Ronald Reagan

‘9-22’: Animated Drama Explores Deceptions of U.S. Foreign Policy

Tara Taghizadeh

The film 9-22, is about a Washington, D.C.-based lawyer who ends up fighting for his life, as he struggles to investigate the untold, dark history of U.S.-Iran relations in the 1980s to save his client (an imprisoned former Navy Special Operations pilot). 9/22/1980 was the date Saddam Hussein invaded Iran and started the Iran-Iraq war. 9/22 was also the name of Saddam Hussein’s chemical warfare program’s code name. 

Celebrity Politicians Are Nothing New in America

Angelo Franco

Part of running a campaign is also acting the part, and actors can be pretty good at that. Celebrities can have more talent in front of audiences, generally; and they may be more apt to deal with scandals more deftly, in part because the public assumes that scandals are simply part of their lives. Reagan himself was a skilled performer who used a combination of theatrics and performance in radio and television pseudo-events to basically play the part of a president. Yet, these same useful assets may prove to be a double-edged sword because celebrity, inevitably, brings scrutiny.

The Rise and Fall of the Republican Party

Tyler Huggins

Post-Romney/Ryan defeat, Republicans ordered an autopsy report on their '12 campaign season. The report, entitled the Growth and Opportunity Project exposed several large anachronisms and rifts in the party. To quote directly from the report: "These are voters who recently left the Party [sic]. Asked to describe Republicans, they said that the Party is 'scary,' 'narrow-minded,' and 'out of touch" and that we were a Party of 'stuffy old men.' This is consistent with the findings of other post-election surveys." 

All Eyes Are on Supreme Court Over Fate of Voting Rights Act

Earl Ofari Hutchinson

The GOP’s hoped-for trump card to stave that off as long as possible is the Supreme Court. The conservatives on the court read the election tea leaves and three days after President Obama’s re-election announced that they would take up a challenge to the Act. They dropped strong hints that they may well vote to gut the Act. Justice Anthony Kennedy said he was troubled by the provisions. Chief Justice John Roberts bluntly said that things have changed in the South and that blacks supposedly vote everywhere in the South without any barriers or prohibitions.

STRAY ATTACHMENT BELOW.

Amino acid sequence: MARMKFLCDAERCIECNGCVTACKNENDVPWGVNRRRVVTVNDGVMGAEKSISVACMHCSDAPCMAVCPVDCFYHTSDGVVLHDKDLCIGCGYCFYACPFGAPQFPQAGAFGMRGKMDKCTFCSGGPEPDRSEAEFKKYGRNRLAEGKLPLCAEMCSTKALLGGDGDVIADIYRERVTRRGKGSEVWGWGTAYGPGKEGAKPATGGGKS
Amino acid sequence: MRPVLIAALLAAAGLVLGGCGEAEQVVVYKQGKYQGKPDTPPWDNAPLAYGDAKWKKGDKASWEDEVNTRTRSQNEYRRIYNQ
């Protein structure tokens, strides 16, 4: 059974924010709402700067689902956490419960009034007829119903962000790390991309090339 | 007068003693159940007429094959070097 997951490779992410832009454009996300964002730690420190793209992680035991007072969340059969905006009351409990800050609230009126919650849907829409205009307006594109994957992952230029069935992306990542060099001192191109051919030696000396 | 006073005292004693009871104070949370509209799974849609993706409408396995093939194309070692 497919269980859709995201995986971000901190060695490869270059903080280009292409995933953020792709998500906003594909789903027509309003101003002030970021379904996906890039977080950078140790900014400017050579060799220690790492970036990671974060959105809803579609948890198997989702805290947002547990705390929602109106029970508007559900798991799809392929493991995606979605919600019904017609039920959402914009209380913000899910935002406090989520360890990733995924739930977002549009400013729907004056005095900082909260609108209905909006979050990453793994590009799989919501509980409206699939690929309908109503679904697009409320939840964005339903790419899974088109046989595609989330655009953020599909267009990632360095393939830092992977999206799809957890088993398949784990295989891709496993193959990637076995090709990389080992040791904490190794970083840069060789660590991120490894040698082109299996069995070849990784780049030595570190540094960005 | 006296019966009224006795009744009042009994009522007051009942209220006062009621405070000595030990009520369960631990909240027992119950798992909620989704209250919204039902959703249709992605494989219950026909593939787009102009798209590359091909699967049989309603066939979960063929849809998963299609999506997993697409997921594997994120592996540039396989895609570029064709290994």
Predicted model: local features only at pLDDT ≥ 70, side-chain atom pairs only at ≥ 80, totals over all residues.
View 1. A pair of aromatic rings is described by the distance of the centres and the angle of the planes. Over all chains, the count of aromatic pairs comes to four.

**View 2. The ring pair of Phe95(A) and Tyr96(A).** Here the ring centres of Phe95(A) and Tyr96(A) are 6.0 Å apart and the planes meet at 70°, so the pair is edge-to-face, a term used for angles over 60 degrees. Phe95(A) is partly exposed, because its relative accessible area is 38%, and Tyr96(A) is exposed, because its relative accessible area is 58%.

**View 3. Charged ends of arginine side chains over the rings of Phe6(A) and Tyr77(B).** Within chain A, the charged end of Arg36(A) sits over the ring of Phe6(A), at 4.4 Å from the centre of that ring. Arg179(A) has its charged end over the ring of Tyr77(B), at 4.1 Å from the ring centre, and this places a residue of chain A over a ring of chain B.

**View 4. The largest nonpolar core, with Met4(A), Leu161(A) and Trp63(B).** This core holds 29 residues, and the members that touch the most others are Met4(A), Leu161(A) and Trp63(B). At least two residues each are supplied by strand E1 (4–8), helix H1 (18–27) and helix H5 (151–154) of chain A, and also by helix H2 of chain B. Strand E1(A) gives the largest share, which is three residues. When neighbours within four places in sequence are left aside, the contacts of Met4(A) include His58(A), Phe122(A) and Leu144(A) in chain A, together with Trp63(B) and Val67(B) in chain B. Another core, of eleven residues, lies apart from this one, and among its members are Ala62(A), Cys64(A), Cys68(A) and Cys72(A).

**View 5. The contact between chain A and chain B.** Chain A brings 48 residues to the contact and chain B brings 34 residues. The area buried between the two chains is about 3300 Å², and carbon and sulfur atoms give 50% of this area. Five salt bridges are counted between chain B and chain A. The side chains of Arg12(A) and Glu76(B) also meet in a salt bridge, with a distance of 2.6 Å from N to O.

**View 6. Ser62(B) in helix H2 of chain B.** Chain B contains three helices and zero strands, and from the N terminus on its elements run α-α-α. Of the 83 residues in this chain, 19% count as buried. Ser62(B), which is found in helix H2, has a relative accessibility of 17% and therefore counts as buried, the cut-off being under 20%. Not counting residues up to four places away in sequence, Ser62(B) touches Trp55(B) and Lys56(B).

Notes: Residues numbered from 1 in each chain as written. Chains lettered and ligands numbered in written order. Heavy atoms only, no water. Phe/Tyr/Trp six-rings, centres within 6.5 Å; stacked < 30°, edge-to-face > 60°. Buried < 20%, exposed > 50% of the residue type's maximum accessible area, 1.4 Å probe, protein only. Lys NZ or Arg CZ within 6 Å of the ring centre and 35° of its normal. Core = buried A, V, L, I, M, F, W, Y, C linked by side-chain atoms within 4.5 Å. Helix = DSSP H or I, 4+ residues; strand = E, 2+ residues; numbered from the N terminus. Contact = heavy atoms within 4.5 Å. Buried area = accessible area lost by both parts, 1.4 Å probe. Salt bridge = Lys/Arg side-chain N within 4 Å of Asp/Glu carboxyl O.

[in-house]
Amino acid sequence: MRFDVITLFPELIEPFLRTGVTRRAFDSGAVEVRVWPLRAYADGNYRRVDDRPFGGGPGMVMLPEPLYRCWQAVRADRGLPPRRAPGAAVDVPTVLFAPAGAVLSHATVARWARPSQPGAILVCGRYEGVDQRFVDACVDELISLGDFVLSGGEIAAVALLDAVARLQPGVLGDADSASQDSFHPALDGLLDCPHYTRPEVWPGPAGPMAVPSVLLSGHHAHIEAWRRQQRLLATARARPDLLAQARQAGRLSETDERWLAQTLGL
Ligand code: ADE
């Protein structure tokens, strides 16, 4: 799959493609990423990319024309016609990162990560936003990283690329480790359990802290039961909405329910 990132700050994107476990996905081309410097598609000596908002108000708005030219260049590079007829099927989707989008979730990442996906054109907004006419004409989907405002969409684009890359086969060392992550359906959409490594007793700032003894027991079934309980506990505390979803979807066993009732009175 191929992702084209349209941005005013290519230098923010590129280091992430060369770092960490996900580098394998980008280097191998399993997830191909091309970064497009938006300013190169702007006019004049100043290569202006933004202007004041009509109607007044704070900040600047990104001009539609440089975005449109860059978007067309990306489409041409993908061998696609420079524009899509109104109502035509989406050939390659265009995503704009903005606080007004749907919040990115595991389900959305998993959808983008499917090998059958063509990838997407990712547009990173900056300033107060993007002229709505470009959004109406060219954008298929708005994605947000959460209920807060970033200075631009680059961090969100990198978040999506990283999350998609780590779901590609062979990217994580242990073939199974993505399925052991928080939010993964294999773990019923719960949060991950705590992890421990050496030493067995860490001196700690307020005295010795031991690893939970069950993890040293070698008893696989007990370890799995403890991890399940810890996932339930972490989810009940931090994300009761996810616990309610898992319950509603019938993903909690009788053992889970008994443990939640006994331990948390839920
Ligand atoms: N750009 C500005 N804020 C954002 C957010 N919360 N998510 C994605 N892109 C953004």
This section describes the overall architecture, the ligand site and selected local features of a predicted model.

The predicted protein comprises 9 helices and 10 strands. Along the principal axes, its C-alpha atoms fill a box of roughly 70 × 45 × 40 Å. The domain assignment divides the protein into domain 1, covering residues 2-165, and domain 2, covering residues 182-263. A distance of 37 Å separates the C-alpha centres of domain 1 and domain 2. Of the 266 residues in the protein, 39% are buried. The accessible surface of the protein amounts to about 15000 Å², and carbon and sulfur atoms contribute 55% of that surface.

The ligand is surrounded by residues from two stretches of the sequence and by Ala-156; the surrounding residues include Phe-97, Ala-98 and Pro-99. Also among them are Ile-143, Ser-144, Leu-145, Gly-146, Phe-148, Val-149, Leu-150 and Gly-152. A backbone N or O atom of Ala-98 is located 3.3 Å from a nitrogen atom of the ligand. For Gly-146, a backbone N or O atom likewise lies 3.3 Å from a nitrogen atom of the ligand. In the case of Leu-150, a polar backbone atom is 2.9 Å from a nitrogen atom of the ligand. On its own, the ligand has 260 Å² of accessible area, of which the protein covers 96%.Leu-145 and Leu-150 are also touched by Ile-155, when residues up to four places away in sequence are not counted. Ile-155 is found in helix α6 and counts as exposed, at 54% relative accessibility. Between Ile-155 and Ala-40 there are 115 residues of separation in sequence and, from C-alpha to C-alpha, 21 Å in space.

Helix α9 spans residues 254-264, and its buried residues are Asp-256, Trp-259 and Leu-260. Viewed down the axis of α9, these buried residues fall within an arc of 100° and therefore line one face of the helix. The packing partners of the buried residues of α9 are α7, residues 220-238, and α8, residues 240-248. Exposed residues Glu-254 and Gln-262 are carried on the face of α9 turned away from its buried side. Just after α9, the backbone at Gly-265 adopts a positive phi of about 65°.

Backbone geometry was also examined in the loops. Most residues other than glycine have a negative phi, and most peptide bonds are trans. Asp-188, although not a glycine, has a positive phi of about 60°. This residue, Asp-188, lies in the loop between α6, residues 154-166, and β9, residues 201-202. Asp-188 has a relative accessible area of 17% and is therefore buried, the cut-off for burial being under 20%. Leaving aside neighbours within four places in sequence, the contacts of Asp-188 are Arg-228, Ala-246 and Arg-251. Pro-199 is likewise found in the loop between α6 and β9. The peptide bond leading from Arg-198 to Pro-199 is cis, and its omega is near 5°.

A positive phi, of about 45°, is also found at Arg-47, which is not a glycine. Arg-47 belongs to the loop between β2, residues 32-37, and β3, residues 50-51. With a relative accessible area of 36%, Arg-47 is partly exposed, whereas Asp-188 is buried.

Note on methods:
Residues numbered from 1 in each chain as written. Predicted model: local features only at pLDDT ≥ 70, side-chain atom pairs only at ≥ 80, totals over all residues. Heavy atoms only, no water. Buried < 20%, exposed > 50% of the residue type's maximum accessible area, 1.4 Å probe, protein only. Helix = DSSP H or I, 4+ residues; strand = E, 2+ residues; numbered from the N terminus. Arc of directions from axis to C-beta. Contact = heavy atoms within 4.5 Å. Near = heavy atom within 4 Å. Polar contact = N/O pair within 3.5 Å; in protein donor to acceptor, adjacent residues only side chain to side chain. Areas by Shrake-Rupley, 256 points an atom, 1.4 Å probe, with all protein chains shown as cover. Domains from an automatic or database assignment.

The Race for the White House and the Issue of Racial Divide

Edward Wyckoff Williams

A Washington Post-ABC News poll released last week found that Romney enjoys the support of white males over President Obama by a margin of 2-to-1: 65 percent to 32 percent. And among working-class whites without college degrees, President Obama trails Romney 58 percent to 35 percent. Why does it matter? White males made up 36 percent of the total electorate in the last presidential contest, and whites in general made up 74 percent of all voters.

Romney, Like His Republican Predecessors, Focuses on the ‘Southern Strategy’

Earl Ofari Hutchinson

Romney and Ryan, like Reagan before them, rip a page directly from the time-tested Southern Strategy playbook of Richard Nixon for GOP presidential candidates. The strategy has always had two prongs. One is to attack the liberals and bloated and tax-and-spend big government. The second is to firmly lock down the majority popular and electoral vote in the 11 old Confederate and Border states. 

The Long and Necessary March to American Health Care Reform

Matthew Rudow

Talk of the end of American exceptionalism seems to be everywhere lately, but in at least one area, the United States inarguably reigns supreme.  Currently, per capita health care expenditures in the U.S. are approaching $8,000 a year, far more than anywhere else in the world.  The nation with the second-highest per capita cost, Norway, spends  $2,500 less per person per year.  What do Americans get for their money?  A life expectancy of 78.2 years, slightly ahead of Panama and Libya.

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